I’ve read a lot in April. I just haven’t finished a lot in April. I’ve been making my way through The Way of Kings and it’s taking a little longer than I expected. So, the books I did finish were mostly audiobooks, outside of one eBook that I reviewed. Let’s get to my April 2022 wrap up.
My Evil Mother
Life is hard enough for a teenage girl in 1950s suburbia without having a mother who may—or may not—be a witch. A single mother at that. Sure, she fits in with her starched dresses, string of pearls, and floral aprons. Then there are the hushed and mystical consultations with neighborhood women in distress. The unsavory, mysterious plants in the flower beds. The divined warning to steer clear of a boyfriend whose fate is certainly doomed. But as the daughter of this bewitching homemaker comes of age and her mother’s claims become more and more outlandish, she begins to question everything she once took for granted.
I enjoyed this, but I didn’t love it as much as I thought I would. In the beginning, there were some fun witchy vibes that were reminiscent of Practical Magic. But by the end, she basically unraveled all of the witchyness that she had built. It drives me crazy when a book takes all this time to say this person is a witch then at the end it’s like oh nope, they’re probably normal.
The Scarlet Letter
At once retrospective and radically new, The Scarlet Letter portrays seventeenth-century Puritan New England, a time period irreversibly encoded in the American identity. Hawthorne built one of the most incisive and devastating human dramas ever written out of a community and its outcasts: Hester Prynne and Arthur Dimmesdale, one emblazoned with sin and the other distraught with hidden guilt; Pearl, a child born into ostracism; and Roger Chillingworth, driven to vengeance by hatred. Though these characters face a set of specifically troubling circumstances, their words and actions point to moral truths inherent in human affairs, independent of time and place.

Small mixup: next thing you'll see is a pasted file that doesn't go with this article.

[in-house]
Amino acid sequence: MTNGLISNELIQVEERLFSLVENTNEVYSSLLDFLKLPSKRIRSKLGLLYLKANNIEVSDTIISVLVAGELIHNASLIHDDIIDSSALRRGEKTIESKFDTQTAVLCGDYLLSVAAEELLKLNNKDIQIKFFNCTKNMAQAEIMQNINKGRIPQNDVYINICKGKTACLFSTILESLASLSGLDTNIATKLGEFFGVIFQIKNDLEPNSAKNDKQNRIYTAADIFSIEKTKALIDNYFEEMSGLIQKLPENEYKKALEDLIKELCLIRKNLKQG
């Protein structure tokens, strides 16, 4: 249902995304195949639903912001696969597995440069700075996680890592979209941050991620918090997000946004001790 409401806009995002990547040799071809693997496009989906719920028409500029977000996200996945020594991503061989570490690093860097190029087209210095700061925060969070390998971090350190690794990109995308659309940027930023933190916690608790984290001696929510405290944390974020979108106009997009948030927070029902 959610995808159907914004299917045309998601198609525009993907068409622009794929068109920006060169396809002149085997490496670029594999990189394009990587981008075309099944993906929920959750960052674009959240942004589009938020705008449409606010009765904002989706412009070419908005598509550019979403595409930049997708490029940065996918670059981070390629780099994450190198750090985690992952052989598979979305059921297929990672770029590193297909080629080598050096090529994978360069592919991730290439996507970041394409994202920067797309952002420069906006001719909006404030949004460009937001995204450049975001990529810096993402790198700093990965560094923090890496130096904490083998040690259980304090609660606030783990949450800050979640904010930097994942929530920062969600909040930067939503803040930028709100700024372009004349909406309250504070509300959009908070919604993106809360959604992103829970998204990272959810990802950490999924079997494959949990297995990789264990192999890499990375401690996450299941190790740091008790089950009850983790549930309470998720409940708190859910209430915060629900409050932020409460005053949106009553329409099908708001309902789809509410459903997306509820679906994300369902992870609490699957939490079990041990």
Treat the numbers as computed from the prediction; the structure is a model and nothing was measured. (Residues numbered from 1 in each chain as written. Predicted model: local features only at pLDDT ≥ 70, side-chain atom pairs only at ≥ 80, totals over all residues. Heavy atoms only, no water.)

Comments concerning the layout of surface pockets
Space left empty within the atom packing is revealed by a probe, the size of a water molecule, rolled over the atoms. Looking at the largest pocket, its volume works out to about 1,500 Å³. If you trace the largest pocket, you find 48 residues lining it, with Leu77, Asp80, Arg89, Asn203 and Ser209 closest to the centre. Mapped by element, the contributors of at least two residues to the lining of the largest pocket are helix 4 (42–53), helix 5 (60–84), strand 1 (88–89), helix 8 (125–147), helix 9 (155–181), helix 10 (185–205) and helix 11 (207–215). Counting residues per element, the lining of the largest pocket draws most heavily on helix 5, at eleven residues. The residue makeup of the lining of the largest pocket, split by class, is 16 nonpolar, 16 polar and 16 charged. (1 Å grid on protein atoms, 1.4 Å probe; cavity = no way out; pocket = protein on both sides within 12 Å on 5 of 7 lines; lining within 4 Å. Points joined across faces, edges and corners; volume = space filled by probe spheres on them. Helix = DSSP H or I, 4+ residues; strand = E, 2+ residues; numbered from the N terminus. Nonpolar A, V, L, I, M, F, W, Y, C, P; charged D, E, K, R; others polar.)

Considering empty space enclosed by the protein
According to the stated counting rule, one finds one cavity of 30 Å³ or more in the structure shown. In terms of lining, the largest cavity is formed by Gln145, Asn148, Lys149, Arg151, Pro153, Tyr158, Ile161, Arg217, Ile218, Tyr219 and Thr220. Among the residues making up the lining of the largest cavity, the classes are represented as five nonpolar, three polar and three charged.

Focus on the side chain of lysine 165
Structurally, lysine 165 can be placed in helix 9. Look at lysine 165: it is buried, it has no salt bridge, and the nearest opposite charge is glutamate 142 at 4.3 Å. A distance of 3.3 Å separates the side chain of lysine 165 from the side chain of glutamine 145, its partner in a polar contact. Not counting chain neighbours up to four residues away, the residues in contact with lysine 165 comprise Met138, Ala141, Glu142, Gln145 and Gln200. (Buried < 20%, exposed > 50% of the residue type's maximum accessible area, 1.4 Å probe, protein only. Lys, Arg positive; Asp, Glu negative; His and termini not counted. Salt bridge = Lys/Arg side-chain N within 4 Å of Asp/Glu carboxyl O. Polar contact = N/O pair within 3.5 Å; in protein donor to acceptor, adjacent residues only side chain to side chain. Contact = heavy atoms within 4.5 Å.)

The Scarlet Letter is a re-read for me, but I’m glad that I took the time to do it. While I enjoyed it when I read it in high school, I just comprehended it better now that I’m a bit older. There is a lot of nuances in Hawthorn’s words that it would be harder to relate to as a teenager.
Ashes in Venice
A heartless psychopath with size 16 shoes, nursing home hookers and an irreverent Las Vegas homicide detective with a gambling habit set the tone for this off-beat tale of revenge and retribution.
Blackjack addict Frank Savic is deeply in debt and facing family problems when he’s asked to delay his retirement to catch a vigilante killer who murders other murderers in a manner the veteran cop has never seen.
While dead bodies stack up in quick succession, the motorcycle-riding policeman also finds himself reluctantly involved with a desperate mother who will do anything to get justice for her dead son.
Savic, his investigation complicated by a suspected FBI coverup and a prison bribery scandal, is unaware that the murderer might be the solution to his own financial and domestic dilemma.
Add a vengeful killer who seeks justice for his own unbearable loss and you have a teasing psychological thriller that blurs the line between good and evil and where surgical bone saws and spiders are just tools of the trade.
Yes, there are spiders.
So that’s my April 2022 wrap up. What did you read this month?